Friday, 25 June 2021 14:36

COLUMN: Running trot lines in the Pee Dee River

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The Pee Dee River, a good place to fish and relax. The Pee Dee River, a good place to fish and relax. J.A. Bolton

Trotlines are to fishing as tractors are to farming. Both require less time and work to accomplish your goal.


Trotlines are usually made by using a heavy-duty nylon main line and shorter, lighter lines tied about every two or three feet dangling from the main line. On the shorter lines, large fishing hooks are tied and baited with whatever type of bait the fisherman prefers or whatever is legal.

When setting a trotline, one end is tied on an overhanging tree on the bank of the river and the other end is tied to a stump lying on out in the river. Most fishermen place some type of weight about middle way of the trot-line to allow the line to stay on the bottom.

If you are fishing for catfish, the hooks on the line can be baited with cut-bait or most anything that puts off a strong odor. In some cases, smaller live bait such as shad or bream can be attached (check your wildlife rules before doing this.)

Now if’n you want to catch a blue-fin sucker or carp, you might want to try dough balls. You can buy them already made up or you can make them the ol’ timey way, which I find works the best.

There are many different ways to make dough balls, but my recipe says to take one part cornmeal, one part flour, one part water, I tablespoon of vanilla flavoring, marshmallow crème, cotton balls, and to add color use a dab of food coloring.

Put your water and flavoring in a pot, bring water and flavoring to a boil, then add cornmeal and the flour mixture. Lower the heat and let the dry mixture absorb the water. Then lay it out on a table and knead out the dough till you get it to the right consistency, ‘bout like making homemade biscuits. Then roll the dough into balls, adding the marshmallow crème and cotton into each ball. This will help hold it together when it gets wet and help it float off the bottom.

Man, this smells so good you are tempted to take a bite yourself — but please, save it for the fish.

A trotline can be long as you want it to be. I know I’ve run lines with as many as 250 hooks. It’s a little more trouble but, hey, you are out there to catch as many fish as you can.

Sometimes folks tie empty gallon jugs on the line to mark it and be able to find it at night, but beware other people can find it as well.

I think by law you are supposed to run a trotline parallel with the run of the river, but I’ve seen many a line running across the river.

When I was a little younger, we used to love to catch blue-fin suckers. Why, sometimes those fish would weigh up to 30 pounds. For their size, they have a very tender mouth and you have to have a large catch net to get one in your boat. We usually made our own catch nets out of a split oak limb and chicken wire. While working the trotline hand-over-hand, you can feel the tug of the fish as you get near them. As you dip up the fish, if’n any part of the net touches the fish until you get it under him, he will tear off or straighten the hook right out.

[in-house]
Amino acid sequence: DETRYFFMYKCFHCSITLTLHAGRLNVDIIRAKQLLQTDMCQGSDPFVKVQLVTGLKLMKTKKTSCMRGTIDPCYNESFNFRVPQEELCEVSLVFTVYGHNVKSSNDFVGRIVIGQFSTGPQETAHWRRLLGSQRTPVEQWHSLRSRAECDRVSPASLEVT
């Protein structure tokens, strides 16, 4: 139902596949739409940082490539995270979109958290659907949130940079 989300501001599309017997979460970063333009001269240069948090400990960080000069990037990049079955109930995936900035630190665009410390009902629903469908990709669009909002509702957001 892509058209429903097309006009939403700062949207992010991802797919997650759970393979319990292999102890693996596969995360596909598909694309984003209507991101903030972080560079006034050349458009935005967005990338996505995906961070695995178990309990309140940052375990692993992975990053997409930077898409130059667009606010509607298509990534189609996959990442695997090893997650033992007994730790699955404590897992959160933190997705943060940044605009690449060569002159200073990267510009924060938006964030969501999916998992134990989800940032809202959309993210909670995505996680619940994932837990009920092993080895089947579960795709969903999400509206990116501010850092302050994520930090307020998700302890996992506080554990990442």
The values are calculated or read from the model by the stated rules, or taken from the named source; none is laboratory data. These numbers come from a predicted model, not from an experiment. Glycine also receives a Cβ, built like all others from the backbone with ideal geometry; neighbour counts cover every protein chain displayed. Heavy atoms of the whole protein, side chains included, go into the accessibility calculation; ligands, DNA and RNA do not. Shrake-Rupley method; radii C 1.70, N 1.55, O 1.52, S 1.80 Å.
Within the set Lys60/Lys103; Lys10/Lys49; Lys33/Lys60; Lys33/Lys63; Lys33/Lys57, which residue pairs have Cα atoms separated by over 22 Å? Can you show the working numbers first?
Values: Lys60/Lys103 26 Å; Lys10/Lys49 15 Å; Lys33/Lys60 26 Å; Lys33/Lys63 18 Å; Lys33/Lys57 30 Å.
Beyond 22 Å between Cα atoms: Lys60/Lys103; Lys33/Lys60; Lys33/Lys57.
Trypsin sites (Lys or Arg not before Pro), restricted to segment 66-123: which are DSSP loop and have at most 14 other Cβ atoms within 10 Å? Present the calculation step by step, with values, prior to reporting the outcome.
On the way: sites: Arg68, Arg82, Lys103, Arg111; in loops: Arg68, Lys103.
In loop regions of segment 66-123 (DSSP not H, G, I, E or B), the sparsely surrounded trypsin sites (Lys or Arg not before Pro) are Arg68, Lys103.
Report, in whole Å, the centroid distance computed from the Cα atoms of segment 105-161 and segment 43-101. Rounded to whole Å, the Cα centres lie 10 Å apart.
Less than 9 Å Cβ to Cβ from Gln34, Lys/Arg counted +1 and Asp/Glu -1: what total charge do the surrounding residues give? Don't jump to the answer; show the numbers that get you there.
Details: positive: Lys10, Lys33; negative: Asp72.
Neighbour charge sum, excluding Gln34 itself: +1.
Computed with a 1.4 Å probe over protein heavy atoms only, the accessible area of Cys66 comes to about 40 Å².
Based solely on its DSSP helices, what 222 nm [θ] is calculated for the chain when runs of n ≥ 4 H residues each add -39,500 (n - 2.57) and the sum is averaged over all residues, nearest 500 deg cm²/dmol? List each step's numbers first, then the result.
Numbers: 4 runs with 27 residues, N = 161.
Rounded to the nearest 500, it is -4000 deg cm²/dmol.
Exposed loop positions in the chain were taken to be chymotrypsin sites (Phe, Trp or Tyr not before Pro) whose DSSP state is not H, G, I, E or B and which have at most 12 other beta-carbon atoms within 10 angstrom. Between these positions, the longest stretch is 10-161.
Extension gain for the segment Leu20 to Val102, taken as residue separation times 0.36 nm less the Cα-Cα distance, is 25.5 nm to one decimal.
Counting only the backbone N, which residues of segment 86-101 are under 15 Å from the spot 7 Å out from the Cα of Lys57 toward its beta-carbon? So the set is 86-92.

Seems like every time you put a large blue-fin in your boat, he will flop around making enough racket to be heard all up and down the river. 

Blue-fin and carp are not my favorite fish to eat but, hey, anything tastes good if’n its cooked on the river bank. Why, most every trip to the river we’d have our frying pan, a little grease, a can of pork-n-beans, cornmeal and an onion. When we started eating, we thought we had a meal fit for a king.

My friends and I would usually work our lines with a 14-foot boat which had 9.9 Mercury motor on the back. It was about the right size to maneuver around the section of the river we called Grassy Islands. With all the logs and stumps all around this part of the river, our boat motor would take a beating.

Just so happened, one time we had lines to be checked and my friend’s boat motor was torn up. We borrowed another friend’s little 10-foot wooden boat which only had paddles to propel it. The little boat had narrow sides and with two grown men and a large net in the little boat, she sat low in the water. 

We paddled out to our lines and began to haul in our catch. With every fish we put in the boat, it got lower in the water. It started taking in water every time one of them fish flopped around. Then we hauled in two of the largest Blue-fin that we had caught so far. Those fish started flopping around and our little boat was bobbing up and down, taking on more water each time one of them fish flopped. We had to get to the river bank before our little boat sank, don’t you know. While one of us paddled, the other tried bailing out the water but it wasn’t enough. Our boat was sinking fast and there wasn’t nothing to do but bail out ourselves — and so did our large fish. As we entered the cool muddy river, the only thing we had was the end of an anchor rope as we slowly pulled the half-sunken boat behind us to the shore. 

Even though we were wet river rats that day, I learned a good lesson that I have carried with me for the rest of my life. That is to never, ever overload your boat with things of this world because your boat just might sink on you!

J.A. Bolton is author of “Just Passing Time," co-author of “Just Passing Time Together,” and just released his new book “Southern Fried: Down Home Stories,” all of which can be purchased on Amazon. Contact him at This email address is being protected from spambots. You need JavaScript enabled to view it..